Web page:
Should a friend be in need
   Of advice or kind deed,
Don’t begrudge him your comfort to lend;
   He will bless you at last,
   When his troubles are past—
In adversity stand by your friend!

   Thou the seas ebb and flow,
   Let your friends ever know,
You are faithful and true to the end;
   Should misfortune betide,
   They will stand by your side,
For YOU never went back on a friend!

   There is one Friend above,
   Whom we all ought to love,
Who is strong as a Tower to defend;
   Let His Word be your guide,
   And keep close by His side—
Don’t go back upon God as your Friend. [page 93] 


The friendship of the good and true
     Is more to me than gold,
And while I welcome one that’s new
     I’ll treasure well the old;
Old friends are like this goodly tree
     Whose leafy branches throw
A grateful shelter over me
     When adverse winds may blow!

Friends dead and gone, friends far and near,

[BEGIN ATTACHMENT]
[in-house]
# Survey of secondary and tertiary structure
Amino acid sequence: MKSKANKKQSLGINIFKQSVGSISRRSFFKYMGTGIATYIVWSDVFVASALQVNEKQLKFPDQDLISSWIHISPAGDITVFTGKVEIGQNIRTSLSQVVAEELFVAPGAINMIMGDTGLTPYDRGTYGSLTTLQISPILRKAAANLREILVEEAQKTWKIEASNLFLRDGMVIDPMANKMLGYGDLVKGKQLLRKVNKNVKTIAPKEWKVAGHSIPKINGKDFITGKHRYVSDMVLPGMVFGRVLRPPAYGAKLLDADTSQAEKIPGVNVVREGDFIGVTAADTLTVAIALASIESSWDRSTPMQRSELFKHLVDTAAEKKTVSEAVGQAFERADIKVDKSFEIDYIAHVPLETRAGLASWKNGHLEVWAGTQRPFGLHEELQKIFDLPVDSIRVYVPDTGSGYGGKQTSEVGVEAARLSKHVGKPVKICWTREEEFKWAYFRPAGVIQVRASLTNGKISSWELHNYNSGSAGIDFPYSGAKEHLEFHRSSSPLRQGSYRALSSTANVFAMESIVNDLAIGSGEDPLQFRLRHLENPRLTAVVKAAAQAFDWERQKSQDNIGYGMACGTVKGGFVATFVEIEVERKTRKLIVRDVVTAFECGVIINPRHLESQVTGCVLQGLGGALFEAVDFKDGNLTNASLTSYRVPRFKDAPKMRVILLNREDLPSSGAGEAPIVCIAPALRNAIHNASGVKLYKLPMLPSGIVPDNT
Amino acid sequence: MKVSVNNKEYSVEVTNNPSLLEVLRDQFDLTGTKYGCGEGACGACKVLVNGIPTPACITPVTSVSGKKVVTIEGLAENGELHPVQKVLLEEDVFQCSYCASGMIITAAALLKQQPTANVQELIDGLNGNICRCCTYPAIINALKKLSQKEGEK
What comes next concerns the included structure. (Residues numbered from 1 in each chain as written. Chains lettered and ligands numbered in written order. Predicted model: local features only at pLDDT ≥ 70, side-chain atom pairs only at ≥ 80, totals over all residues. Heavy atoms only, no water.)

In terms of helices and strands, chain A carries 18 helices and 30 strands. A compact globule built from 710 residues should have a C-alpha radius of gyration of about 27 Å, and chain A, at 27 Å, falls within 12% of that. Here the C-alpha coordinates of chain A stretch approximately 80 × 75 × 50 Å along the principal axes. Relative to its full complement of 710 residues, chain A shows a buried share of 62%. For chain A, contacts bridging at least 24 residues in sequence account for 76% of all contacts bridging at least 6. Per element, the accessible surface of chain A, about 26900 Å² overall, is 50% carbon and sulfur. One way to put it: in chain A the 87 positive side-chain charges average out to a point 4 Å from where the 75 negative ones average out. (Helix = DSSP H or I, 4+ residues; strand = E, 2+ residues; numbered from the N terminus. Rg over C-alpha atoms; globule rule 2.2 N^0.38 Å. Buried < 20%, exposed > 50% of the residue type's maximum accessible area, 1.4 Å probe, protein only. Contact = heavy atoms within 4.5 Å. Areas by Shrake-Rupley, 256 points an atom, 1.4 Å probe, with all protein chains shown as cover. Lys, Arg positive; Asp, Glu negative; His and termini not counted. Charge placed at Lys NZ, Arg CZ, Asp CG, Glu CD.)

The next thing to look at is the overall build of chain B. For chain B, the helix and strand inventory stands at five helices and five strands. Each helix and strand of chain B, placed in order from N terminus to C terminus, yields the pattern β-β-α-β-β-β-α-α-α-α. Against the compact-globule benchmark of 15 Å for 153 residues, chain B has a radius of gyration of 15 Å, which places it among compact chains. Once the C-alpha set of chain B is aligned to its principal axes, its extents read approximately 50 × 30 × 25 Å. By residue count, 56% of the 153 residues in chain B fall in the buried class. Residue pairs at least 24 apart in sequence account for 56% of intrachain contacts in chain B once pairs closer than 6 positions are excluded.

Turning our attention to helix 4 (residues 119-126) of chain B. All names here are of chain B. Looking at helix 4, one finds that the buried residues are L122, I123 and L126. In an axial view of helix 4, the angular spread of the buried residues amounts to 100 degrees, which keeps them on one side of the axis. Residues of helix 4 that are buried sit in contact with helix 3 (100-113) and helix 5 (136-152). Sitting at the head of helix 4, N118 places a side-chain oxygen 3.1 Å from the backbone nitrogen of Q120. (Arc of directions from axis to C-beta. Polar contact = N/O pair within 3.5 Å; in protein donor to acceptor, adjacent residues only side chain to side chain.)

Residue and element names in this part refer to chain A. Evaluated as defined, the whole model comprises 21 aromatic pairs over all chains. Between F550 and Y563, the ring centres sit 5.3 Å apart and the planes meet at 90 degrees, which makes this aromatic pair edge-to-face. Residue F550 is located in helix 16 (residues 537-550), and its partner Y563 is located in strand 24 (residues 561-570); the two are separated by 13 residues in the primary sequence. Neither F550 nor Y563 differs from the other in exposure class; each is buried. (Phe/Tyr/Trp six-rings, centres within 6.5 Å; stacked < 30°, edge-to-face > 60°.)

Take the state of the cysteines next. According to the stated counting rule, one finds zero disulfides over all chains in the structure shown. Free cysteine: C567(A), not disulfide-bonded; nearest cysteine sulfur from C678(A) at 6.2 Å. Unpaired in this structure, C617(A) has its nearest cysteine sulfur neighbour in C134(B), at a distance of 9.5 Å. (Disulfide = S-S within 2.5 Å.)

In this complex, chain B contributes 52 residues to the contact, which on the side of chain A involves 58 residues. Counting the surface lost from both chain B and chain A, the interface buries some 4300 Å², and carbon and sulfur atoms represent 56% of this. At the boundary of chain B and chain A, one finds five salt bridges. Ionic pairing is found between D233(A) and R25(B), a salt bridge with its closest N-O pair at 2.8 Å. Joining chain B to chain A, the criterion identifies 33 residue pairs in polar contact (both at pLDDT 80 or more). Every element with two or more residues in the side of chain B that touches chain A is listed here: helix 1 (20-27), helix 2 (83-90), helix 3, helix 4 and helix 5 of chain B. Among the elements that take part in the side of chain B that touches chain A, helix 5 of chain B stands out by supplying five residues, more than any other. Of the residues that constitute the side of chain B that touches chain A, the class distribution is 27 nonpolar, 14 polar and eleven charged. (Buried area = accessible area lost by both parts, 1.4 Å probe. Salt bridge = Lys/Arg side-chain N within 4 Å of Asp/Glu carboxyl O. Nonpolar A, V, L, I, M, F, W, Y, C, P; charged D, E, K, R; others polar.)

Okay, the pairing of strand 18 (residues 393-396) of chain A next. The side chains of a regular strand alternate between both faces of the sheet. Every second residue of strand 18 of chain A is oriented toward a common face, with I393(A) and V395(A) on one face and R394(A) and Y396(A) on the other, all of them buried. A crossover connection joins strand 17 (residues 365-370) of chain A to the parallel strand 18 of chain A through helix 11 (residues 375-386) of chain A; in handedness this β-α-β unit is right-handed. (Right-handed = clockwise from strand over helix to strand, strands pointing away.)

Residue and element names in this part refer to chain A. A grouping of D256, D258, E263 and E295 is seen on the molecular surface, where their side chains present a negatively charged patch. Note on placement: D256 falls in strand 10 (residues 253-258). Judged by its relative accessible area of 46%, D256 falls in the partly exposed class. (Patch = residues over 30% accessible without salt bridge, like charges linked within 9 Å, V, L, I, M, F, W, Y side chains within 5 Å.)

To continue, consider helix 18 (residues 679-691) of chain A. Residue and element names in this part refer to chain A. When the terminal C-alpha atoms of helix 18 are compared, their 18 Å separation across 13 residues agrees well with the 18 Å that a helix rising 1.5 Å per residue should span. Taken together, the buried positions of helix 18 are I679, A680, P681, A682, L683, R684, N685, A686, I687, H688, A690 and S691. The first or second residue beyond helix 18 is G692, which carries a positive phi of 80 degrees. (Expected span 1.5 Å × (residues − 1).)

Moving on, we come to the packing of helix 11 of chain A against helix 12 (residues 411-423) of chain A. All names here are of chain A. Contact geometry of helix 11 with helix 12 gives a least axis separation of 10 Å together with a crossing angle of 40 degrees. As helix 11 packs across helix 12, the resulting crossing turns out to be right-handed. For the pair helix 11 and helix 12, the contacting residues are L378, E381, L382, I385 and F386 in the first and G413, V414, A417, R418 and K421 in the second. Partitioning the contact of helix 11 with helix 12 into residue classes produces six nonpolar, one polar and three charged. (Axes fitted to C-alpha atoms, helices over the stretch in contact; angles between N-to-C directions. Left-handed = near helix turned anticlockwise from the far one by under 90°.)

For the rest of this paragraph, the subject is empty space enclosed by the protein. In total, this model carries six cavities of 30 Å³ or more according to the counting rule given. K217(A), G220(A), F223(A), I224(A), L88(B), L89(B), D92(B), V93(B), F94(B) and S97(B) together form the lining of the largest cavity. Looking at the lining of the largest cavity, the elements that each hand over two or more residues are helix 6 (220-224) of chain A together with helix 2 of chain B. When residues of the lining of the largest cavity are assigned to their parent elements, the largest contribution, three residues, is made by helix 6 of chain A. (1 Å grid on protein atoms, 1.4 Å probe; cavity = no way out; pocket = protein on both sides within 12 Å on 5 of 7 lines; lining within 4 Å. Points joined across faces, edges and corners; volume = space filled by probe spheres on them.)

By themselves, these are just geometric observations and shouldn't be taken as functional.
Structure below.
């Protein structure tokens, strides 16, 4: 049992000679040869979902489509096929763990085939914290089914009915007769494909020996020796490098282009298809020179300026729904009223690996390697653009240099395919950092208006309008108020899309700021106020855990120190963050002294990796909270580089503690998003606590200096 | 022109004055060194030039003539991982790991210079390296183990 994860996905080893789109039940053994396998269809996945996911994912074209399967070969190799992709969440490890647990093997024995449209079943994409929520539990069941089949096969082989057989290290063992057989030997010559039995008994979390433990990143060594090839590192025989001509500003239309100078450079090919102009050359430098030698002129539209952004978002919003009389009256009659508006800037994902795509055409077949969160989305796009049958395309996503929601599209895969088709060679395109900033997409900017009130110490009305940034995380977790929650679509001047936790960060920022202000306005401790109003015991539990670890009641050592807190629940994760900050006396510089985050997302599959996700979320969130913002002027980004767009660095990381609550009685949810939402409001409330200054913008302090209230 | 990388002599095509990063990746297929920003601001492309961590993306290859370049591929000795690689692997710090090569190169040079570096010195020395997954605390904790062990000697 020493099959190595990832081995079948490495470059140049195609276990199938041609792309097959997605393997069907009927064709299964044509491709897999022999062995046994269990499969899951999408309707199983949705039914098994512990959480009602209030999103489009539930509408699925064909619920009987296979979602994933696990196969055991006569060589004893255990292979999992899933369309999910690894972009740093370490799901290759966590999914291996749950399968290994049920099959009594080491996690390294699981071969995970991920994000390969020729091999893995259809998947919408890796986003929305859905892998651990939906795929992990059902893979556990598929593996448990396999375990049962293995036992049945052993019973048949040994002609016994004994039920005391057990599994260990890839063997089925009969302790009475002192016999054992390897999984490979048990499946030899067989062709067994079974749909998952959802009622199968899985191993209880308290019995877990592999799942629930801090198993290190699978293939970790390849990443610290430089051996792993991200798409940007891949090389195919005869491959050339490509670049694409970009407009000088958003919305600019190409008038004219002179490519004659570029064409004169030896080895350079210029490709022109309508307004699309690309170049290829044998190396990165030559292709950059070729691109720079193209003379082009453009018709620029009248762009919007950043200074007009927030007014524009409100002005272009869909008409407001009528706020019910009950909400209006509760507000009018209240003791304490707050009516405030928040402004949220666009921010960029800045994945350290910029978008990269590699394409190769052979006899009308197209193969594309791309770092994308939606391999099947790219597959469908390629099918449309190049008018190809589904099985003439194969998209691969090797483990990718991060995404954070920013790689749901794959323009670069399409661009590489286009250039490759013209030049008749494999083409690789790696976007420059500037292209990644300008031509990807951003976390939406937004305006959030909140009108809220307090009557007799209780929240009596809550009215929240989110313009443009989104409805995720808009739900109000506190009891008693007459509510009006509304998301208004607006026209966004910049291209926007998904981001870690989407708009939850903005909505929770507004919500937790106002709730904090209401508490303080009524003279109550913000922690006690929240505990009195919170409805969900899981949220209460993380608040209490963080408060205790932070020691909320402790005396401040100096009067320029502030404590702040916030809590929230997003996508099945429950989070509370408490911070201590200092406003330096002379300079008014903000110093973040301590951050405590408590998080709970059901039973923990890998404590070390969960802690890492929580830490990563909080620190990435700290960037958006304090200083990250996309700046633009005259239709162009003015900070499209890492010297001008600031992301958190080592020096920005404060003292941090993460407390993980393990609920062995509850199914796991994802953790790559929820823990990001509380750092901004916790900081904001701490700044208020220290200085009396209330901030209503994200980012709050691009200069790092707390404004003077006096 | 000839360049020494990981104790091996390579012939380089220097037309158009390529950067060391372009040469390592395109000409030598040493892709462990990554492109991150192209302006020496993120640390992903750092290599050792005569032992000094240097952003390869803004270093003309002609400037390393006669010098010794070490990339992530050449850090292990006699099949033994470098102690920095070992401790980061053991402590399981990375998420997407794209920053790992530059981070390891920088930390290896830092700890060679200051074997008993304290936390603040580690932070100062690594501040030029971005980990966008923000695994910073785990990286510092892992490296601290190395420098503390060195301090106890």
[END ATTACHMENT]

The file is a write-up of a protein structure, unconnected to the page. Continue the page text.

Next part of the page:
Friends tired and true, friends ever dear,
Though sundered far, yet all are here—
          Close to my heart;
And all along life’s rugged way,
The smile of Friendship crowns the day,
And hearts are young, tho’ heads be grey,—
          Friends never part.

                    Yours very kindly,
                                   John Imrie,
                                             Toronto, Canada. [unnumbered page]



is a fair sample of his work. Perhaps, however, you would wish to have a nicely bound copy of his Poems. It comprises 350 pages, is printed on good heavy boned paper, beautifully bound in cloth and gold, and will be sent to any address, post free, on receipt of One Dollar. The book will make an acceptable Holiday or Birthday present. Address—IMRIE, GRAHA, & CP., 31 Church St., Toronto, Canada. [unnumbered page]